Jesus was walking out of Jericho, surrounded by a big crowd. Like all such crowds, it was a mix of the curious and the adoring. Jesus was at the height of his popularity. He stirred people’s imaginations and raised their hopes. The excitement was palpable. But amid all the festive clamor, a single shout brought this parade to a sudden halt:
“Jesus, Son of David, have mercy on me!” It was a blind beggar, sitting by the roadside. His name was Bartimaeus. “Shush,” people said. “Don’t make a scene.” But he cried all the louder: “Son of David, have mercy on me!”
And Jesus stood still, just the way the sun had stood still in the sky for Joshua in that same city of Jericho.
“Call him here,” Jesus said. And so they did. “Take heart!” they told him. “Get up. He is calling you.”
Immediately, Bartimaeus threw off his cloak, sprang to his feet, and came to Jesus. Then Jesus asked him a question that went straight to the point: “What do you want me to do for you?”
“My teacher,” he said, “Let me see again.” And what Bartimaeus asked, Jesus granted.
— Mark 10: 46-52
In Mark’s gospel, this is the last miracle performed by Jesus before he goes to his death in Jerusalem. It marks the fatal turning point between his ministry and his Passion. It is our Lord’s last act, his last word, before beginning the Way of the Cross. To the world, that looked like the path to oblivion. But to those who have been given the eyes of faith, the Way of the Cross, as we pray every Holy Week, is “none other than the way of life and peace.”
And thus the healing of Bartimaeus is not just the story of one man’s good fortune. It is an invitation to each of us to perceive and receive the vision of salvation which is about to unfold. Mark is telling us that if you want to understand the Paschal Mystery of Passion and Resurrection, you need to open your eyes. And it is crucial to note that the climactic words of this story are not “he regained his sight,” but rather, “he followed him on the way.” Once you see what God is doing through Jesus, then it’s your turn to take up your own cross and follow.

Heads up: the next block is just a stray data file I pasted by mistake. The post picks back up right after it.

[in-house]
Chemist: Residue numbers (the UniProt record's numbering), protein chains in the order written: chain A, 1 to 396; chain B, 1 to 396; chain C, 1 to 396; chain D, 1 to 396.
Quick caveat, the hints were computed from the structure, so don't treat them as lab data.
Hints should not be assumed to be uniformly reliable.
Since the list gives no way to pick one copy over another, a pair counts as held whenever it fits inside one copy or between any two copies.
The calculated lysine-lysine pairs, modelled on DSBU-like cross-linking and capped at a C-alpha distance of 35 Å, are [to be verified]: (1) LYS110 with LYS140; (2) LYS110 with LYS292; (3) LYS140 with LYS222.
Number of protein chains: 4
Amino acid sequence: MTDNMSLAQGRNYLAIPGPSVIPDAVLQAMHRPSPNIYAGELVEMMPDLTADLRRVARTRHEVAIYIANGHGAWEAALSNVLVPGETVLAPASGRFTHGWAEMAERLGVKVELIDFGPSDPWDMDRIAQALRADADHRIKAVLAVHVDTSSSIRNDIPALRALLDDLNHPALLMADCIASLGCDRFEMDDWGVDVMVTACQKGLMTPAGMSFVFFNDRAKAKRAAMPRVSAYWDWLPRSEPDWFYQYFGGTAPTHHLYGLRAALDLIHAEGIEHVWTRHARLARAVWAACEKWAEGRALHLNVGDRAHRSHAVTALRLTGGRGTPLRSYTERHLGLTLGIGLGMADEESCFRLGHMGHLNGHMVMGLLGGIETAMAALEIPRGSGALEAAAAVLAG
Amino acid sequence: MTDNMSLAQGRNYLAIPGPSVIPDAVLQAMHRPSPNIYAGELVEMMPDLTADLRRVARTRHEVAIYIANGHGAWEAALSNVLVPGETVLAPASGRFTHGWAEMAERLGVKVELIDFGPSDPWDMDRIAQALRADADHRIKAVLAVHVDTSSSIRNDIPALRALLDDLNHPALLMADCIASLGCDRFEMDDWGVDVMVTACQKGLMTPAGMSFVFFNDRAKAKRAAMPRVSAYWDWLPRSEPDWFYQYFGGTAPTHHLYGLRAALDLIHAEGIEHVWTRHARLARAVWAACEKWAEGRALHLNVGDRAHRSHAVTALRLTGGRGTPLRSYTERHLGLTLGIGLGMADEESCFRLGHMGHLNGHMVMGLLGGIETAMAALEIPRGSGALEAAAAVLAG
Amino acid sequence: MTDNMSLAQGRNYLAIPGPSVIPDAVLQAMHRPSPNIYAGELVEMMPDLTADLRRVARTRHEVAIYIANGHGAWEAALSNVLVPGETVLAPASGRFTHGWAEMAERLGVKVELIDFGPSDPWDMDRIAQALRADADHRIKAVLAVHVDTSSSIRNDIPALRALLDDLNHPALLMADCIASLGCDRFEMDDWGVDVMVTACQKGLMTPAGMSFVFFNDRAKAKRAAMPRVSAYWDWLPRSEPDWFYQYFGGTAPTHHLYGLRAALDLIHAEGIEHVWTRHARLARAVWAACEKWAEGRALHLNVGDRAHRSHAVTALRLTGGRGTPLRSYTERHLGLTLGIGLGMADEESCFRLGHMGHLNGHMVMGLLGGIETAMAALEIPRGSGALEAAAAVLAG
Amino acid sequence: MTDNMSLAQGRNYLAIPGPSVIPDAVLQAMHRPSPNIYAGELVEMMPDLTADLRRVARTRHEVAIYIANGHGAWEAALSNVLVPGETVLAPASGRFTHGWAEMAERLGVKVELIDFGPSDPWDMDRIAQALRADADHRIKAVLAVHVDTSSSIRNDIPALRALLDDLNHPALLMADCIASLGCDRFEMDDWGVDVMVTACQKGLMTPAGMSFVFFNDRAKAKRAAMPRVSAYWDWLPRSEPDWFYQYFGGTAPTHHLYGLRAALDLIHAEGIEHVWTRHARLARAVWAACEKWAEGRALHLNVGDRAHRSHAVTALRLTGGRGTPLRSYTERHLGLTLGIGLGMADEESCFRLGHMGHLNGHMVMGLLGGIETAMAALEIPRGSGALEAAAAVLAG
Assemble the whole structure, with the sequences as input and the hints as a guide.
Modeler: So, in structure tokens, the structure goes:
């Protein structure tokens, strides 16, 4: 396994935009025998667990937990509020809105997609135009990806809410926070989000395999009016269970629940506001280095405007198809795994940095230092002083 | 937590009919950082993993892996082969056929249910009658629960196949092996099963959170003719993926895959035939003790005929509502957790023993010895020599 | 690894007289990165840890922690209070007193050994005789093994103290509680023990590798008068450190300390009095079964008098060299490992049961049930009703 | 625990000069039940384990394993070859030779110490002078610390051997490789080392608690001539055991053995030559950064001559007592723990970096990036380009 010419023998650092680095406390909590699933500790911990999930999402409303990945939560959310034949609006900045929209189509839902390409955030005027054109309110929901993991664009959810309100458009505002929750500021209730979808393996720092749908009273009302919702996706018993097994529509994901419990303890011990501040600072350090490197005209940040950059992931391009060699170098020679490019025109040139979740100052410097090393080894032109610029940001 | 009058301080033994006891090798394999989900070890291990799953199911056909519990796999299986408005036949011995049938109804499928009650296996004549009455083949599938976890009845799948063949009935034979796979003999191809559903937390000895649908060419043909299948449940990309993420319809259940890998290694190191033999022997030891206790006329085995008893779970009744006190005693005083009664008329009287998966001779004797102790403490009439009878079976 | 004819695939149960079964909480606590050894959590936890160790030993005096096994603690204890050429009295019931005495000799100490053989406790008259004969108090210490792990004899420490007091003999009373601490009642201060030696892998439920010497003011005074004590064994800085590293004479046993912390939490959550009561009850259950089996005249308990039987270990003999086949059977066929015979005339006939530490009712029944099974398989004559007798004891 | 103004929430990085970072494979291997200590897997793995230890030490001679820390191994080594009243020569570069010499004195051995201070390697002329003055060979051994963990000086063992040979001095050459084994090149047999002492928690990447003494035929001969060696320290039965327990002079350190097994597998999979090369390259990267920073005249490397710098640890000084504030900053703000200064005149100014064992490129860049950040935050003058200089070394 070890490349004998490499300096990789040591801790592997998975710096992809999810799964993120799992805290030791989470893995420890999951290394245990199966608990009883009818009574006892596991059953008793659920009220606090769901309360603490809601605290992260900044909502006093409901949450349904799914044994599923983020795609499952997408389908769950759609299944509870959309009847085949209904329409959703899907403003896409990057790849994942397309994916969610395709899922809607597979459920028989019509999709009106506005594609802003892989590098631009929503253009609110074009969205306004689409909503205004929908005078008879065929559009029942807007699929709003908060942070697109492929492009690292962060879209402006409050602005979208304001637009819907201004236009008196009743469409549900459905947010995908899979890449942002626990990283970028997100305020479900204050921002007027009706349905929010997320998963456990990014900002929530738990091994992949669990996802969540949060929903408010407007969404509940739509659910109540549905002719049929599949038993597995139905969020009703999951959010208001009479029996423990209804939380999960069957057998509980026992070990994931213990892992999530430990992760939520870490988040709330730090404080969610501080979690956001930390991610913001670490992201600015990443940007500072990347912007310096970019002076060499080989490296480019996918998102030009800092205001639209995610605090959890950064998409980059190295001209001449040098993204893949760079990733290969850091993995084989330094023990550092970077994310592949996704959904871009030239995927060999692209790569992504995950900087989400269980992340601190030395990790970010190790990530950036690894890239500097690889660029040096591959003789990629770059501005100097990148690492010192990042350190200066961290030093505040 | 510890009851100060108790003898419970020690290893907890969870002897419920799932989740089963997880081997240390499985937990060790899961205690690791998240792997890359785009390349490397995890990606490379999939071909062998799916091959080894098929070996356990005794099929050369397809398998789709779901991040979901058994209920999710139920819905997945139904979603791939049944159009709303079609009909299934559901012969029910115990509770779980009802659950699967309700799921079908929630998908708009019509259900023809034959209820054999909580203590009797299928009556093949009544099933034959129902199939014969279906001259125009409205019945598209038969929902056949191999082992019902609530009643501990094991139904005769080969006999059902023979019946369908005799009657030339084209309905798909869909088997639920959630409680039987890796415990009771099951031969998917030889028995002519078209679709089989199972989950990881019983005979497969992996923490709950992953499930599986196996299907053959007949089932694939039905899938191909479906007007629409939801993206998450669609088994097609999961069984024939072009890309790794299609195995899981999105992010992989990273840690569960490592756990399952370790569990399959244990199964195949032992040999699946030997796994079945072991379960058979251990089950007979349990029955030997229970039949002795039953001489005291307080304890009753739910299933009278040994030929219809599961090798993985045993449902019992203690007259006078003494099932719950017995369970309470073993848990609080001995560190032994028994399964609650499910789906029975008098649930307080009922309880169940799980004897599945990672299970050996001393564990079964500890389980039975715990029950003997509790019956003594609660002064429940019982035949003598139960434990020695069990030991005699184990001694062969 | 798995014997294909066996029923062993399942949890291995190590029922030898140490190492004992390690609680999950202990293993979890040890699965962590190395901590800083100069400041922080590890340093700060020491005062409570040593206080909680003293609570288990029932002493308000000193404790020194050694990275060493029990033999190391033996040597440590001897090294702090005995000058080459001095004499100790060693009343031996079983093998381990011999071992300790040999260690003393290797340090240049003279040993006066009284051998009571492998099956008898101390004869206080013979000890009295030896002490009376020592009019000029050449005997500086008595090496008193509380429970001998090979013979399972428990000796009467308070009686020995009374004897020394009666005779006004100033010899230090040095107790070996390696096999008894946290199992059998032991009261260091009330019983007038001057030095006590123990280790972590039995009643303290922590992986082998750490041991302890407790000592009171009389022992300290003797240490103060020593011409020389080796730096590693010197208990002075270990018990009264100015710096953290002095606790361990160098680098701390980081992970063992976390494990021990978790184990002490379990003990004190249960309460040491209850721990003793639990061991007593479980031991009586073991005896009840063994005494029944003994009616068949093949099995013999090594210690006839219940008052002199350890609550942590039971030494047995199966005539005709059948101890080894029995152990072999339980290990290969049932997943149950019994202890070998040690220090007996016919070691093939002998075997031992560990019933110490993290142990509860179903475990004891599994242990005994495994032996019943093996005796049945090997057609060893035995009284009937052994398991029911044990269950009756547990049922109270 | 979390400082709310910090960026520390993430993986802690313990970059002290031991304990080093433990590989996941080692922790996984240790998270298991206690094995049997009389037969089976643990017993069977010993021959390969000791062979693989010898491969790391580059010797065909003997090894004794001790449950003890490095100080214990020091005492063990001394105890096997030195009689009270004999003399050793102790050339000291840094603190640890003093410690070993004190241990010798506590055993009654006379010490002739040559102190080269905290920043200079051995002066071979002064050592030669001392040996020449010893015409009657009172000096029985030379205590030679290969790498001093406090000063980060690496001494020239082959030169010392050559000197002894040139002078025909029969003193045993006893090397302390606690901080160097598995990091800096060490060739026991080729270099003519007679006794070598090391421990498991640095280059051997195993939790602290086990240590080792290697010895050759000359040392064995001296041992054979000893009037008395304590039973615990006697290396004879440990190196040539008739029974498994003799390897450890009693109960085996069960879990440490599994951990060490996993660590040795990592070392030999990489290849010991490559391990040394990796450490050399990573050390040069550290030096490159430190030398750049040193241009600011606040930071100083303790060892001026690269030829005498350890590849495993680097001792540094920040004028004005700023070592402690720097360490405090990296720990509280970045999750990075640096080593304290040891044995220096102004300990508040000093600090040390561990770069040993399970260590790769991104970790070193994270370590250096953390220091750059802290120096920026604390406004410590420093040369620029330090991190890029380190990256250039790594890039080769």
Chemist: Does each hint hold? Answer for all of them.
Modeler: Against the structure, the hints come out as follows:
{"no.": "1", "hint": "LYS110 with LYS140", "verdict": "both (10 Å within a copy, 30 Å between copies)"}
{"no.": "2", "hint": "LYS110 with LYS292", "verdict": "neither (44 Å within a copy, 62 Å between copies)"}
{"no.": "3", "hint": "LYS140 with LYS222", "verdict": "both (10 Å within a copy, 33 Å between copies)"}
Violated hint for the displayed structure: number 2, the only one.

Let there be light!” says the God of Genesis. “I am the light of the world,” says the God incarnate.
And yet, in the story leading up to this moment, even Jesus’ closest friends have suffered their own blindness. “Are your minds closed?” he chides them. “Have you eyes and do not see?” But they go on missing the point again and again. To their credit, they continue to follow Jesus. They are drawn to him, they know something is happening here—but they don’t know what it is. “Do you not yet understand?” Jesus sighs. I’m sure he said this more than once.
And then, after repeated examples of the disciples’ blindness throughout Mark’s gospel, suddenly we hear a plaintive voice cry out from the crowd: “Jesus! Have mercy on me. Remove this grievous blindness.”
That’s our prayer too, isn’t it? Lord, take away our blindness.Help us to see. And Jesus replies, “I thought you’d never ask!”